Daily Post

Jan 23rd 1860


Capt HARRISON, the Purserís son and Coxswain drowned.

In Brief:-

Misfortunes crowd heavily upon the noble but unfortunate GREAT EASTERN. The last, but not least calamity is the death of its able and esteemed commander.

Capt William HARRISON, experienced seaman, able engineer, thorough man of business and honest and independent servant, the originator and designer of the GREAT EASTERN.

The announcement of his death has thrown a gloom over everyone connected with the company in Southampton.

The circumstances in which his death took place are distressing.

Yesterday morning Capt HARRISON had occasion to leave the ship moored in Southampton Waters and to proceed to Southampton on business concerning the GREAT EASTERN. A boat was lowered shortly after breakfast and in the company of Dr WATSON the shipís surgeon, Capt LEY the purser, his son aged 14yrs and 6 crew, the Captain proceeded to Hythe, where his wife and daughter were residing. After leaving them Capt HARRISON and the other officers of the ship proceeded to Southampton.

The wind which had been blowing fresh increased to a violent gale from the S.E, before the boat reached the dock. As the boat entered and while lowering the sail a heavy gust caught the boat and capsized it. The whole occupants were thrown out, some managed to hold on to the rigging, or boat, Capt HARRISON clung to an oar, by which he was supported for some time.

The INDUS lying in the dock put out two boats and after considerable exertions the men managed to pick up Capt HARRISON, who was then in a state of unconsciousness. Capt LEY was picked up and was bruised about the head and was bleeding. Dr WATSON was rescued in a state of extreme exhaustion, as well as six men who were also in the boat. The son of Capt LEY was not found till some time later, drowned.

The rescued men were attended to with great kindness from the INDUS crew and others connected to the Peninsular and Oriental Company. No fewer than six medical men attended to Capt HARRISON and everything possible was done to restore him to consciousness.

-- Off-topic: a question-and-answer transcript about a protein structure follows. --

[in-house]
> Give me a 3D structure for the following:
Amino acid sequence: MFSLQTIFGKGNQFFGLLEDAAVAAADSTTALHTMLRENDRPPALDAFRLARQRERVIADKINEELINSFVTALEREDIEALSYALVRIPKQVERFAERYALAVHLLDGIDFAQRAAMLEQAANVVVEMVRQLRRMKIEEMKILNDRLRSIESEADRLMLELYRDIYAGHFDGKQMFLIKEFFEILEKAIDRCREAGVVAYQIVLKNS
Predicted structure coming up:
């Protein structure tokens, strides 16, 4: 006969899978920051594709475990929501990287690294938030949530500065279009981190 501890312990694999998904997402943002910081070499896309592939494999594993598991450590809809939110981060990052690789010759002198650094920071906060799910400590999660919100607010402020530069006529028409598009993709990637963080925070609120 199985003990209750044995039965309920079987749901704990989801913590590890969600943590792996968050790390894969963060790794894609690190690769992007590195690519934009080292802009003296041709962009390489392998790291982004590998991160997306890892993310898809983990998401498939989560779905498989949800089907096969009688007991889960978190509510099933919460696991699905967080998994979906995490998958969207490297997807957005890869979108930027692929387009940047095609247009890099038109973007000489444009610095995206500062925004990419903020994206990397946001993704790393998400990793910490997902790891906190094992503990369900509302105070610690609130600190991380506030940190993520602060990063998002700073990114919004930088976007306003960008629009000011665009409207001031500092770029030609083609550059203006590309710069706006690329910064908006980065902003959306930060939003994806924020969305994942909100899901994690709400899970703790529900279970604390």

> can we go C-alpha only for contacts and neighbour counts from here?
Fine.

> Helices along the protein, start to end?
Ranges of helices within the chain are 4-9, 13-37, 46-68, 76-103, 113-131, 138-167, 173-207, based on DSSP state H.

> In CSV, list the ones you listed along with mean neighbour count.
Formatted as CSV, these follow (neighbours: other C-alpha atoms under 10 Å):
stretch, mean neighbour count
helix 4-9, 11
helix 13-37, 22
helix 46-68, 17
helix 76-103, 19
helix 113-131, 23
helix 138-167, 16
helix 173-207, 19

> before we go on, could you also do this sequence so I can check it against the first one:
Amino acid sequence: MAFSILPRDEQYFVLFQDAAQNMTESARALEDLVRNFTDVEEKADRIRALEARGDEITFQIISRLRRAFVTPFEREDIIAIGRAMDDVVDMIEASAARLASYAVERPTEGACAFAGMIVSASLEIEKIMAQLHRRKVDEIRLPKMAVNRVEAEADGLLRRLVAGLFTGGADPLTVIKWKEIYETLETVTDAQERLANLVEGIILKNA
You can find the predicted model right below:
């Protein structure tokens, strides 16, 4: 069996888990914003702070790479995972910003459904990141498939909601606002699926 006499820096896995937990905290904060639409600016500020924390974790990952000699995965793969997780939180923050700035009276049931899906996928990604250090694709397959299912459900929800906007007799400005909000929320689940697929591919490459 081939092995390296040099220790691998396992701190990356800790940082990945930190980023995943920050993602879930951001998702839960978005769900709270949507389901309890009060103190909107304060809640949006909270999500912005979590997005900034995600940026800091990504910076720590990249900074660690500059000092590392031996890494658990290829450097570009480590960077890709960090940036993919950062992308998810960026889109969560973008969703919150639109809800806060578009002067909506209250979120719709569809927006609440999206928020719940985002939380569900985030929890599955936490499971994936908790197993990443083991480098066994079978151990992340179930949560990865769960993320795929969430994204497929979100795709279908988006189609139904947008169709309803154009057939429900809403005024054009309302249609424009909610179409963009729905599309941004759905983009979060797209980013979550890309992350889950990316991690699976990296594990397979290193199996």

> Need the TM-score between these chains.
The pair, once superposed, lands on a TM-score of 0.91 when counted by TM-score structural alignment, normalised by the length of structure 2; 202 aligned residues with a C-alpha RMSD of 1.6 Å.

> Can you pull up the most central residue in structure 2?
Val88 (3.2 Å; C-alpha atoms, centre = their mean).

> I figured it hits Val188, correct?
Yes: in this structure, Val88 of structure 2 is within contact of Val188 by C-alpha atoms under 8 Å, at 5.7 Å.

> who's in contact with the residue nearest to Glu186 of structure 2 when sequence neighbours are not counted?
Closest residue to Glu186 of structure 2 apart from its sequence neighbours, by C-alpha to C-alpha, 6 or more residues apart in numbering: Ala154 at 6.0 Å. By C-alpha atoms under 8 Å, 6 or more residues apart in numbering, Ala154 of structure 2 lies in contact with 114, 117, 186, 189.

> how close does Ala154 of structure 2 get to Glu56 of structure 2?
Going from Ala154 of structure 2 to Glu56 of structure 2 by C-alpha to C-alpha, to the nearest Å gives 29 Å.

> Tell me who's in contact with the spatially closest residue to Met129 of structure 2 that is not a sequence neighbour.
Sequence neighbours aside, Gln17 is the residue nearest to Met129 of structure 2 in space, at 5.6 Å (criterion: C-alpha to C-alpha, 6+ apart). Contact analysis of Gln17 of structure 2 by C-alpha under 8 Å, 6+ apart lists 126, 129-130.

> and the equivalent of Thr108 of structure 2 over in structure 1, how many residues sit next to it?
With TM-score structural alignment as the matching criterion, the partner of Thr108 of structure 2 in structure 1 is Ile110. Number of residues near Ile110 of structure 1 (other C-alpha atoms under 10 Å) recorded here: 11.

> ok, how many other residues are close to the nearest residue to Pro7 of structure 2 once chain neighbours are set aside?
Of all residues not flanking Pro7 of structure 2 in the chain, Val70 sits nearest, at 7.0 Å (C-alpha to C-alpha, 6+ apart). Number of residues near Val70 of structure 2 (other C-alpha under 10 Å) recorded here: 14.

Mr TROTMAN one of the oldest and most attached friends of Capt HARRISON on the news of his death proceeded immediately to Southampton to render assistance to Mrs HARRISON.

The Coxswain died on Saturday night from the affects of the accident.

Capt HARRISON possessed the confidence of the late Mr BRUNEL and when it became necessary to appoint a commander of the great ship, he reported to the directors his opinion of the qualifications necessary for the Captain.

He stated such an officer ought not to be merely an experienced naval man but should have practical knowledge of naval engineering and should be able to comprehend and deal with many important practical questions arising in the development, to carry out the great experiment. Such a man in every respect was Capt HARRISON.

Capt HARRISONís service at the commencement of his career was principally in the West Indies and South America. The wars at that time existing between the minor states, frequently his vessels were put in the juxta position with a formidable enemy, on more than one occasion he had been in action.

After serving 8 yrs in those latitudes he accepted an appointment with the Cunard Company and commanded the ACADIA, BRITANNIA, HIBERNIA, AMERICA, AFRICA and ARABIA. In these vessels he gained the experience, which gained him the title, ďAtlantic NavigatorĒ.

While in this command his knowledge attracted the principal promoters of the Grand Trunk Railway of Canada, who were also interested in the GREAT EASTERN Steamship, and they influenced Capt HARRISON into giving up his position in Cunard, which he had held for 15yrs, and accept command of the GREAT EASTERN, which he did on the 1st January 1856.

Southampton Saturday

An inquest was held on the bodies of Capt HARRISON and the son of Capt LEY. The 1st, 2nd and 3rd officers of the INDUS were examined, also Dr WATSON of the GREAT EASTERN [who was in the boat that capsized] and Dr WIBLIN.

The jury found a verdict of accidental death, from suffocation or apoplexy, not from drowning. The Captainís wife has viewed the body.

Daily Post

Jan 24th 1860


We understand that the remains of the lamented gentleman will arrive at Liverpool on Thursday next. Some time ago Capt HARRISON stated that, should he die within reach of the interment of his two children, he should like to be laid side by side with those he loved best. Liverpool will no doubt do justice to the remains of such an energetic seaman and accomplished gentleman. The ships in port yesterday carried their flags at half-mast - a melancholy tribute to respect to the lamented deceased.

The funeral of Capt HARRISON of the GREAT EASTERN, Jan 27th 1860


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